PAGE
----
Nothing energizes like the fight for a good cause. Case in point: Rabba Sara Hurwitz, the living symbol of the fight to ordain women as Orthodox rabbis, got a standing ovation at the opening of the Jewish Orthodox Feminist Alliance (JOFA) annual conference in New York in March.
The newly created title “rabba,” coined by activist rabbi Avi Weiss, was a step closer to “rabbi” for Hurwitz, a member of Weiss’s rabbinic staff at the Hebrew Institute of Riverdale (N.Y.). The move ignited a firestorm in the American Orthodox world.
Hurwitz appeared at sessions throughout the JOFA conference, attended by more than a thousand women and a sprinkling of men. She told the conference plenary: “I stand here as an Orthodox woman who takes halakha (Jewish law) very seriously. The argument against having women in leadership is societal, not halakhic.”
Six weeks later, with no reference to halakha, the Rabbinic Council of America, the mainstream Orthodox rabbinic organization, resolved: “We cannot accept either the ordination of women or the recognition of women as members of the Orthodox rabbinate, regardless of title.” (The vote coincided with the 25th anniversary of Conservative Judaism’s ordination of its first woman rabbi.)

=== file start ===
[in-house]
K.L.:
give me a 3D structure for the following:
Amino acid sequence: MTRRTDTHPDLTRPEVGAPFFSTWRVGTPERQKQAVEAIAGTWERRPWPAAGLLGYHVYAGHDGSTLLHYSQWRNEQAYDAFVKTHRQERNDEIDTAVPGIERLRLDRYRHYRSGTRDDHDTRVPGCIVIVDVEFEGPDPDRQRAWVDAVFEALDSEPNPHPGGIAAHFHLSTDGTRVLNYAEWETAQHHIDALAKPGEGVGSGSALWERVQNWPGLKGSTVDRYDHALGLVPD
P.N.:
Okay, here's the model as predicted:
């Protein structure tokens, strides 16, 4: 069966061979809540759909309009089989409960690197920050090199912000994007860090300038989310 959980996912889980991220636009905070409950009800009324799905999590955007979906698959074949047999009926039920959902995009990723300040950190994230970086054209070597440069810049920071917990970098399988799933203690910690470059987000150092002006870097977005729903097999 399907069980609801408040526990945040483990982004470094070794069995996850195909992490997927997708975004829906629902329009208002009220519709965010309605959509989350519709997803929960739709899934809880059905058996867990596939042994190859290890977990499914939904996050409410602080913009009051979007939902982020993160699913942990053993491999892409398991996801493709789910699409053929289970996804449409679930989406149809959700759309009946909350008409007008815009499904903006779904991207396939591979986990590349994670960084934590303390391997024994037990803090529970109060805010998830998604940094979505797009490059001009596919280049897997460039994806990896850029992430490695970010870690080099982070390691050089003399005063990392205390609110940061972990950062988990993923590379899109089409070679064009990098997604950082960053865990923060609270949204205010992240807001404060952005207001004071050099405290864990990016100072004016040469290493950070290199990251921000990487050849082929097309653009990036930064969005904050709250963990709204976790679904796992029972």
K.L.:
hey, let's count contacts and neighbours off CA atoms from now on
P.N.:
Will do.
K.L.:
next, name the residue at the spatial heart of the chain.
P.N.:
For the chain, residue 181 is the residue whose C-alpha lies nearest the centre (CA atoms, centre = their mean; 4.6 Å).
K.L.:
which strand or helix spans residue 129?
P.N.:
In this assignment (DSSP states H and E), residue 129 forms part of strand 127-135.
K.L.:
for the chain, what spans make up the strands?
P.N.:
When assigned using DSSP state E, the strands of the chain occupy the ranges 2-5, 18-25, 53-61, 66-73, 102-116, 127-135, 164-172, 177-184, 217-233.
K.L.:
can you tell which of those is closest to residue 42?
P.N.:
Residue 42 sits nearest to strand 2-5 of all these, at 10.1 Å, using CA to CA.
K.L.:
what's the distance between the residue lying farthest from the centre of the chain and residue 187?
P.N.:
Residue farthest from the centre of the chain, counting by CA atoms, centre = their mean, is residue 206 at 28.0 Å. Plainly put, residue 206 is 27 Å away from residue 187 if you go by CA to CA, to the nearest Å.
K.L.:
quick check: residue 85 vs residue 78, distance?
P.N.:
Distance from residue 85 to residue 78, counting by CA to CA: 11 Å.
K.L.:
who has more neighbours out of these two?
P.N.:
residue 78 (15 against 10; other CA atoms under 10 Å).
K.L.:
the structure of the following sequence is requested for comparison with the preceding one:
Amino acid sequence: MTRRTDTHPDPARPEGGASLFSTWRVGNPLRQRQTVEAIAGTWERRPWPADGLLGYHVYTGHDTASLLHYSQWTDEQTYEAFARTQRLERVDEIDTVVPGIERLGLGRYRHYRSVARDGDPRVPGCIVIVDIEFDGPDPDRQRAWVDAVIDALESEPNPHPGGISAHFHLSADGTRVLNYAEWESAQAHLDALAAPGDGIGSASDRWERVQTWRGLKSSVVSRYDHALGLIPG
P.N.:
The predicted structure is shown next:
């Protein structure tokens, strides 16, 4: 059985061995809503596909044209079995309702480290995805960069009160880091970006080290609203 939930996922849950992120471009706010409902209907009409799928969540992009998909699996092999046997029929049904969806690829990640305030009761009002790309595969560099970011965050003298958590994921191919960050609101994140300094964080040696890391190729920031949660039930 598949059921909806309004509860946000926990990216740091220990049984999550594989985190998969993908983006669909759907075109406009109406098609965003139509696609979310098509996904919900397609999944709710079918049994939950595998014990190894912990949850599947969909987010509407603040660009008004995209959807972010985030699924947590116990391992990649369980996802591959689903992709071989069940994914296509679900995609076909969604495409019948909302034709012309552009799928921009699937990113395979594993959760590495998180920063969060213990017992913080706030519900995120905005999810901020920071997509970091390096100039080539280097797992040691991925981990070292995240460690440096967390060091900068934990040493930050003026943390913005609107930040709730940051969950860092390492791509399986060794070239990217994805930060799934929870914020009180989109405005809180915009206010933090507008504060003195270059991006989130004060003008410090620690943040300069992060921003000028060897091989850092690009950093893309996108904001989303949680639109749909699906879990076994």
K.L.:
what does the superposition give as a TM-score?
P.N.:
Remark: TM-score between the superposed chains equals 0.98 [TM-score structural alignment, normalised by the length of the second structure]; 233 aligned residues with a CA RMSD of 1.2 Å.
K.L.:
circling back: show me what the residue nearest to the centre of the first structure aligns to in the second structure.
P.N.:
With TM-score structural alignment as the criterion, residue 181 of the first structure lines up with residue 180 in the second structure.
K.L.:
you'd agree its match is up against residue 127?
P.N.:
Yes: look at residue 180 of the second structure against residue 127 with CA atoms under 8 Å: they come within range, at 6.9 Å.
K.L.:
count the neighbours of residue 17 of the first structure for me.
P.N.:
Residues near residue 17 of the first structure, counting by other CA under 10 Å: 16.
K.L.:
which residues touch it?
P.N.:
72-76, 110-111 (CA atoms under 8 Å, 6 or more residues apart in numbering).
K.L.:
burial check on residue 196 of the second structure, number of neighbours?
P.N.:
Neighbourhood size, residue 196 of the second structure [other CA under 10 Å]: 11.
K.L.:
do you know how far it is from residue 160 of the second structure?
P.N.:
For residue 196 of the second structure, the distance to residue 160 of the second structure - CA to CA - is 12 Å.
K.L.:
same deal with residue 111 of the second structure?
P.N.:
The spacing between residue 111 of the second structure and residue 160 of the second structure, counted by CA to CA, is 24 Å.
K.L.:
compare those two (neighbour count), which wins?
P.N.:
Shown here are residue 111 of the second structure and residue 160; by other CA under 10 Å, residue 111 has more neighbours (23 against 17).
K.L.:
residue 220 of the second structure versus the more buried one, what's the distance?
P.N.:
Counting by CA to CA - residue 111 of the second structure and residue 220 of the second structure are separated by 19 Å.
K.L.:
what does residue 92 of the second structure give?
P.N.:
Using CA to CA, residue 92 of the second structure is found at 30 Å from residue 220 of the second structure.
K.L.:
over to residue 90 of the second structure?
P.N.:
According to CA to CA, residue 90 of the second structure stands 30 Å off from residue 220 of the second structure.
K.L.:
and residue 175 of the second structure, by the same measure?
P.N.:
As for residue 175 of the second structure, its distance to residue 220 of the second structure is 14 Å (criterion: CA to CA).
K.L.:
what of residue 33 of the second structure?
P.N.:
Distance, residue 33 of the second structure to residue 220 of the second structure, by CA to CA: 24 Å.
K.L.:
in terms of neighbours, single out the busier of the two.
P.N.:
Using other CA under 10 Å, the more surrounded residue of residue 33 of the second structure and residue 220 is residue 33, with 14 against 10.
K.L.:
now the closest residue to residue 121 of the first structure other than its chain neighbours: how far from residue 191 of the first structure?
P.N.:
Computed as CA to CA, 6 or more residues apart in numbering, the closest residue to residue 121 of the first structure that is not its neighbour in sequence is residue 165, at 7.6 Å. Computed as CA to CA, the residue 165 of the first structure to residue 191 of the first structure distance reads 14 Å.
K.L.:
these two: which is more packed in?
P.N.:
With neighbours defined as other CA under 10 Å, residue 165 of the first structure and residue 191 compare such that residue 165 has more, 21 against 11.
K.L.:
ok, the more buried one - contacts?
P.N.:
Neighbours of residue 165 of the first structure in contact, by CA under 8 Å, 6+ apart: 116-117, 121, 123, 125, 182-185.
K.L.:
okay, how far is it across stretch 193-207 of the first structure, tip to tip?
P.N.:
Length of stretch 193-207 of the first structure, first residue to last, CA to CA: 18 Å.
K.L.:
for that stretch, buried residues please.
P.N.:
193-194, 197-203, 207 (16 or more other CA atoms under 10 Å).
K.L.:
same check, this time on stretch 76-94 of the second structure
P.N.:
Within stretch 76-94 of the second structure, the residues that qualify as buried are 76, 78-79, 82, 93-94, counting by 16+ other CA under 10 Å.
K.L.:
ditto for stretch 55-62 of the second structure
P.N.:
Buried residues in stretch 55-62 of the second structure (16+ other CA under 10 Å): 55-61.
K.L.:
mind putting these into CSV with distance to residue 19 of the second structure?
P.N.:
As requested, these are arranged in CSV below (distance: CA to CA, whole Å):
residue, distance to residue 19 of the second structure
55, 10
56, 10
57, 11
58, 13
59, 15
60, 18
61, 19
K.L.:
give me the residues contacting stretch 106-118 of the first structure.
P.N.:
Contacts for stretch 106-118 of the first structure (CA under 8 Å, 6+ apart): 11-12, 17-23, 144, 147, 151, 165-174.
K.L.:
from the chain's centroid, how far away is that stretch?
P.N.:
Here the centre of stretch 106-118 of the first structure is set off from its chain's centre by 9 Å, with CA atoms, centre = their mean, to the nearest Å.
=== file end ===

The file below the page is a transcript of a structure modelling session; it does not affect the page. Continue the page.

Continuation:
While the rabbi issue sparked the major excitement at the JOFA conference, the gathering, chaired by Audrey Axelrod Trachtman with program co-chairs Judy Abel and Allie Alperovich, proved the dynamism of Orthodox feminism. Some 70 sessions ranged from quilting as prayer to protecting our daughters from becoming agunot — wives chained to husbands who refuse to give them a divorce under Jewish law.
JOFA President Carol Kaufman Newman quoted Blu Greenberg, founder of the organization in 1997, as not wanting to give offense but being told by a board member, “It’s a revolution. You will have to offend someone.” Broadening the agenda, Trachtman challenged participants to examine “how social justice fits into JOFA’s struggles,” with “responsibility to join the world community in the fight against AIDS and malnutrition … to consider these issues within the context of Orthodoxy.” As for the rabba issue, Trachtman said, “We cannot be intimidated. The long-term movement is undeniably forward.”
And then there were conference surprises. Lawyer and researcher Viva Hammer documented that financially comfortable Orthodox women are choosing to have more children than their mothers, in some cases in opposition to their husbands. In a study of more than 70 women, Hammer found that women are choosing to serve God in the way only a woman can — dedicating their bodies to “unlimited, uncontrolled conception.” They think of this, said Hammer, as “their ‘avoda.’ Their sacrifice, their prayer to God.”
Contrast this with “Shira,” one of the Israeli films shown at the conference film festival. A young mother is brought to a state of mental and physical collapse by a husband who insists on endless childbearing in the pursuit of a son. One man’s response: “If the husband thinks it’s halakha, he’s wrong.”